5 Ways to Help Communities Recover After a Natural Disaster

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Helping Communities After Catastrophic Events

  • Address Their Immediate Needs
  • Stimulate the Local Economy
  • Clean Up the Area
  • Rebuild, Don't Relocate
  • Strengthen Community Bonds

From earthquakes to hurricanes, natural disasters can have devastating effects on local communities. Emergency responders can also make things worse if they rush into the situation without the knowledge or preparation to handle things efficiently. For people seeking an emergency management degree, it's important to do a little research about ways that aid groups can actually help a community after a crisis.

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1. Address Their Immediate Needs

In the wake of a catastrophic event, people are most concerned with survival. Their priorities will be finding food, water, shelter, clothing, and medicine. They'll need to tend their wounds and fill their stomachs; they'll need to get some sleep in a warm, dry and safe place. If their most urgent needs aren't being met by governmental or humanitarian aid groups, they'll move on from the community, and they might not come back once they've settled somewhere else.

2. Stimulate the Local Economy

A common mistake in emergency disaster response is focusing so much on the distribution of physical goods that things like cash and business vouchers are forgotten. With the latter, however, aid groups can help the economy as well as individuals. They can boost cash flow through the community at a pivotal time, and they can encourage self-sufficiency among the residents. People will visit local businesses for food and blankets instead of waiting in line with charity groups. Life will get back to normal at a faster pace.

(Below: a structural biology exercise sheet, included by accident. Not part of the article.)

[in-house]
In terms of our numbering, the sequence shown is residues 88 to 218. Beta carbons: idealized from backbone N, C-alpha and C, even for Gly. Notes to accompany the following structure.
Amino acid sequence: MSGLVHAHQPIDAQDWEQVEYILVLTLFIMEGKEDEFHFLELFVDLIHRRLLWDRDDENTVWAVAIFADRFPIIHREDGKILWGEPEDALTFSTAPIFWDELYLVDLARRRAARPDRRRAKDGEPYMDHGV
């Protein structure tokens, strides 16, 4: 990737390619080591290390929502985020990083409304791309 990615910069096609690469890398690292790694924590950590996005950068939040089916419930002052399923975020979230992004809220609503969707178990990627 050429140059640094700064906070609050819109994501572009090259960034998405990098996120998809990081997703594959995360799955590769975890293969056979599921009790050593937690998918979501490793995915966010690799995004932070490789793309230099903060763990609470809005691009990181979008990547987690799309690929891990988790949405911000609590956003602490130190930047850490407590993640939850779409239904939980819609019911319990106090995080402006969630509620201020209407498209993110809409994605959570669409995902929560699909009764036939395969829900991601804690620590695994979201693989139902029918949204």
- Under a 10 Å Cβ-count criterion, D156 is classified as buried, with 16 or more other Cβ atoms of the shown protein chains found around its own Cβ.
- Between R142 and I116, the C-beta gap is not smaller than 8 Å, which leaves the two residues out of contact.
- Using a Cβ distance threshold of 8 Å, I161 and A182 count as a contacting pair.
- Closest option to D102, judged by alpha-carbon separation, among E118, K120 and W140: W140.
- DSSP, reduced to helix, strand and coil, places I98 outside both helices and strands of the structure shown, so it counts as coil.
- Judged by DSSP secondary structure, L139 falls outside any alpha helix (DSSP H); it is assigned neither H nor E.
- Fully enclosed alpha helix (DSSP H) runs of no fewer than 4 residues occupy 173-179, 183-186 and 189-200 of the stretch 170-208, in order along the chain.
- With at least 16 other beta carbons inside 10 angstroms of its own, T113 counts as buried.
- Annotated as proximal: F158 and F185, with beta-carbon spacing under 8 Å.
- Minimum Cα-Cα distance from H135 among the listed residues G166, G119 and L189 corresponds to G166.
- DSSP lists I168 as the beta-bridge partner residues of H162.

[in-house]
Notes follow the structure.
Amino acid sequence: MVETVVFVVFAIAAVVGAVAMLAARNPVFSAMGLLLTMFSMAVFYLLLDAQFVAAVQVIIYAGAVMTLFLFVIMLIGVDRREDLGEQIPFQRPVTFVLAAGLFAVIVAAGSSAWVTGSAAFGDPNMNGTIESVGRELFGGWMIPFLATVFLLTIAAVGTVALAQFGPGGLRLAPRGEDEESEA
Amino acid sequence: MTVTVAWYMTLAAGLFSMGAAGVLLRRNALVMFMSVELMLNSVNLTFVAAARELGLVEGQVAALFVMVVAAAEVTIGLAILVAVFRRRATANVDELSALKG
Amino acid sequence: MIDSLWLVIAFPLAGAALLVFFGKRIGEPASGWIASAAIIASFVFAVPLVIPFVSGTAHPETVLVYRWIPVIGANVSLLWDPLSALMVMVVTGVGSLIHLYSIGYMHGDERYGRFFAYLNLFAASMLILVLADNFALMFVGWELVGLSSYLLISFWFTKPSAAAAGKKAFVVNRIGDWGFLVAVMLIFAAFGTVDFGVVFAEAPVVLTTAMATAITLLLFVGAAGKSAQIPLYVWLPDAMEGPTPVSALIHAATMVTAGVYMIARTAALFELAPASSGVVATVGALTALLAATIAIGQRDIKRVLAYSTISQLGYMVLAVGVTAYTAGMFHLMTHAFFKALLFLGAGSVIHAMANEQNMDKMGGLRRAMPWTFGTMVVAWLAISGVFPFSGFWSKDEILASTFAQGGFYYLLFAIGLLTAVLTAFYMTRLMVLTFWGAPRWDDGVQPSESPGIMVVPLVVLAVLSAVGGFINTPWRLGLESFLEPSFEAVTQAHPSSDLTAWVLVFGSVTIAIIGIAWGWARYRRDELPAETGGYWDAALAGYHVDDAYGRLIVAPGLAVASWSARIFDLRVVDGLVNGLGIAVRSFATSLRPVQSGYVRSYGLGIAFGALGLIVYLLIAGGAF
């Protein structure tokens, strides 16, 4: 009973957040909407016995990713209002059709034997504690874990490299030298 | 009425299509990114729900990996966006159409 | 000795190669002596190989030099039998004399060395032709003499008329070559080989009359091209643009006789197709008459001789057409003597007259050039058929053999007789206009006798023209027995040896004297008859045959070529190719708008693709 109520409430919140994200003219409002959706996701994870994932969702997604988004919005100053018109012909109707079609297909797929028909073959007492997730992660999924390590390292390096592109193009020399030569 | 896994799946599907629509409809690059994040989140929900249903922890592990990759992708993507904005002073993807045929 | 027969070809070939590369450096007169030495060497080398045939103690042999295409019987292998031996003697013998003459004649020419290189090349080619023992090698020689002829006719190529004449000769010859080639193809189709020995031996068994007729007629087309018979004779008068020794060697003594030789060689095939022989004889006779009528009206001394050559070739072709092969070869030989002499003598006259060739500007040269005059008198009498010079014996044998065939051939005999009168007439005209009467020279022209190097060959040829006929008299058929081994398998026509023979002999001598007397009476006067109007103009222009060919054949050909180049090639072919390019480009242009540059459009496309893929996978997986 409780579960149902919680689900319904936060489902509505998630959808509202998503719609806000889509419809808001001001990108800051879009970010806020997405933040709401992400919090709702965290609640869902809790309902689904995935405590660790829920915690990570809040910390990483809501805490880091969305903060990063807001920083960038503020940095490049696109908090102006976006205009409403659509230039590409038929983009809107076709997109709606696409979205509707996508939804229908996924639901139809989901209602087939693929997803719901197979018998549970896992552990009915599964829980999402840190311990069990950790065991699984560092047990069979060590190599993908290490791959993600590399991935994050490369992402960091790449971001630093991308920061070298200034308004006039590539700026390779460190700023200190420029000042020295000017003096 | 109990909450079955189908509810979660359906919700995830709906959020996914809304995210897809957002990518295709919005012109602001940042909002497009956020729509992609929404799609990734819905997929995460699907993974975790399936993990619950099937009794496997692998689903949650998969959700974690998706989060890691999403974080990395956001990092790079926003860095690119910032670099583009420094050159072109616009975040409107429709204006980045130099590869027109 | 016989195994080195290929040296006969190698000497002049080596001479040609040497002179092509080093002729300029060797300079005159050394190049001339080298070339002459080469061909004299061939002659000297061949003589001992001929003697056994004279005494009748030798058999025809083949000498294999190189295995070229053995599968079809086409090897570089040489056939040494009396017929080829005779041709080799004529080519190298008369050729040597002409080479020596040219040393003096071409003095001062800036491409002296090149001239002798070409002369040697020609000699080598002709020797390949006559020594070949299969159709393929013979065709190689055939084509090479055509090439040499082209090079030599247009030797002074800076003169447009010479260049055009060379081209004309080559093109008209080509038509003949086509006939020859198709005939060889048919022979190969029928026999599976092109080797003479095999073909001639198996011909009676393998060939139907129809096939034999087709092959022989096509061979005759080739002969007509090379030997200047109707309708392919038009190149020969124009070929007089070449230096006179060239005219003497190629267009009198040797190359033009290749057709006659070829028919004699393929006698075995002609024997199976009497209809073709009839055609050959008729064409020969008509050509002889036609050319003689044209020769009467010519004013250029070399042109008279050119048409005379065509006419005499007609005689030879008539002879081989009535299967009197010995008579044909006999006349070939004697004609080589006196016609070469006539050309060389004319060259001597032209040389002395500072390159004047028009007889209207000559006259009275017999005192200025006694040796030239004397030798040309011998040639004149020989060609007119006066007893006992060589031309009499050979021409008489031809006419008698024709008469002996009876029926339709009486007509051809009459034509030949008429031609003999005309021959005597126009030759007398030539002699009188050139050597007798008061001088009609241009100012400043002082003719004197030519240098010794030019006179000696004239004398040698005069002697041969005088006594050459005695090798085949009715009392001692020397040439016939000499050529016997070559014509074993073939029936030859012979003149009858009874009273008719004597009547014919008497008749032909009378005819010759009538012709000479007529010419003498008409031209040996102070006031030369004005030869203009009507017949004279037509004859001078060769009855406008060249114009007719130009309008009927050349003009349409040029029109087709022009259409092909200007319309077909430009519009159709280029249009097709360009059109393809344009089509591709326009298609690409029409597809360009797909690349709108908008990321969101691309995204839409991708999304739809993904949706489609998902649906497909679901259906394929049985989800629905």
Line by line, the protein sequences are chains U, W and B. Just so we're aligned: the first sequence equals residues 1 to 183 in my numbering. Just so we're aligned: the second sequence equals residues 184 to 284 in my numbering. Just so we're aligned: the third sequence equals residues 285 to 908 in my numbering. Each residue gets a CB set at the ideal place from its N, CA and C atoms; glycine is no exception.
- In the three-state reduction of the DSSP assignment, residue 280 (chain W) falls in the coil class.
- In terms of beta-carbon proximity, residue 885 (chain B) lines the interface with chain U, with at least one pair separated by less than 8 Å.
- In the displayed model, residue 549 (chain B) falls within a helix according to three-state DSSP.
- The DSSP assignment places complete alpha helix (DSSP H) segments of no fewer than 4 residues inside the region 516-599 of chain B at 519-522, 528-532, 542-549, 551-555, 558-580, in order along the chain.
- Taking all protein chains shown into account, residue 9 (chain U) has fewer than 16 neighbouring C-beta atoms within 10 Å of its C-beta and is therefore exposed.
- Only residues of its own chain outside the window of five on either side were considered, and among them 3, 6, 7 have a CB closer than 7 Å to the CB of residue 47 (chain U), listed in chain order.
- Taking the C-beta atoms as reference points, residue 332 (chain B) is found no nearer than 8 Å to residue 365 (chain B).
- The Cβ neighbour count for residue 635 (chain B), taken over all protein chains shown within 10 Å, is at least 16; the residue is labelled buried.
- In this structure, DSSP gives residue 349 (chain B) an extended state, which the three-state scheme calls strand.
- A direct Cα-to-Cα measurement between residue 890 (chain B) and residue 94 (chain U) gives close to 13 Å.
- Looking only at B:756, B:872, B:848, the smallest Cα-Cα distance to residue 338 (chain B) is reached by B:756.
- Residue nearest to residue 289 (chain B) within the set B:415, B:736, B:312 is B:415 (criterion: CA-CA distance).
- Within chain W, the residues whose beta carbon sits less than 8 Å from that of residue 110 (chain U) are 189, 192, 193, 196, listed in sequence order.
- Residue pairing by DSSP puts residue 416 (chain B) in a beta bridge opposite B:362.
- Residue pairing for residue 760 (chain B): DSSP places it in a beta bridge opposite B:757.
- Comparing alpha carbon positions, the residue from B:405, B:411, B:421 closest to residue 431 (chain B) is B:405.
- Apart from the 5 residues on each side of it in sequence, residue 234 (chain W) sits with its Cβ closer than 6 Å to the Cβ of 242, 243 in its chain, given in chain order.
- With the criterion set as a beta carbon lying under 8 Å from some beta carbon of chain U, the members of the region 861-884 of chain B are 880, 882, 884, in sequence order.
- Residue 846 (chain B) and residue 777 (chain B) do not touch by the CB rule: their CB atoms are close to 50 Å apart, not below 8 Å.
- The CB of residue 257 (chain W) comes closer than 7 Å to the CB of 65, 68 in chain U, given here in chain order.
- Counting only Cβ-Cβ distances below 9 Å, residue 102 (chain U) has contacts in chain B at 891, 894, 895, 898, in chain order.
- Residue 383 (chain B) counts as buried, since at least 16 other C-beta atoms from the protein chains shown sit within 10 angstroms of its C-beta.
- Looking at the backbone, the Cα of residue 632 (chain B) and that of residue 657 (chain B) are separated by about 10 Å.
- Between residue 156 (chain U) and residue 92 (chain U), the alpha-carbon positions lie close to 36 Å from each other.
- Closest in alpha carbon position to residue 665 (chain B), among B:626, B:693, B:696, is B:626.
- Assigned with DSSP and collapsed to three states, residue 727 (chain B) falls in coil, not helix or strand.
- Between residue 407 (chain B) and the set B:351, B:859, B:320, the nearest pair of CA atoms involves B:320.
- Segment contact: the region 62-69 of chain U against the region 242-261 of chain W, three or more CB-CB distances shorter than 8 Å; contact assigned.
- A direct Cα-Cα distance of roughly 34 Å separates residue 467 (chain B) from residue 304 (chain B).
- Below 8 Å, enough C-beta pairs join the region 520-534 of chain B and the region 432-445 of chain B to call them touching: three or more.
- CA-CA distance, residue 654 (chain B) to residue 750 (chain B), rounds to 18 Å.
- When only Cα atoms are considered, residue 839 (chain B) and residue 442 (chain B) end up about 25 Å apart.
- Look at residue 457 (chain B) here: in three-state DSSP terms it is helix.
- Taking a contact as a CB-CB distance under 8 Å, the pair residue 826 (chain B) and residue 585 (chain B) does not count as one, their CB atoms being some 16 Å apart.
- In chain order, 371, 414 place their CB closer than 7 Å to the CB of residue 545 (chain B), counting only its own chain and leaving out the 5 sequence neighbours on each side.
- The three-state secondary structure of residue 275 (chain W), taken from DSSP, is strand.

3. Clean Up the Area

Cleaning up after a natural disaster usually involves more than just picking litter off the streets. For example, according to the Occupational Safety and Health Administration, flood water can contain everything from toxic chemicals to hazardous waste. According to the Centers for Disease Control and Prevention, tornado debris can include sharp objects, live wires and the potential for carbon monoxide exposure. Clean-up efforts after a disaster will need to prioritize safety in the handling, gathering and disposing of dangerous materials.

4. Rebuild, Don't Relocate

The poorest residents of a community tend to suffer the most after a natural disaster, especially when it comes to real estate. They find themselves displaced when their neighborhoods are declared unstable or unlivable, and before they can move back, developers will snap up the cheap land and rebuild it for higher-income demographics. Aid groups should be very careful when it comes to relocating populations because of a lack of infrastructure in the area. Once they're moved, they tend to stay moved.

5. Strengthen Community Bonds

Studies from a resilience expert have shown that communities with stronger social ties tend to bounce back from catastrophes faster than others. When people feel supported by their friends and neighbors, they feel better about their communities as a whole, and this can be a great asset in overcoming the physical, emotional and financial challenges of disaster recovery. Emergency response groups might want to think about organizing more community programs after major disasters.

These are just a few things to consider when it comes to helping communities after natural disasters. If you're pursuing an emergency management degree, these will be the types of difficulties that you face. Learn them well to become an effective force in post-disaster recovery.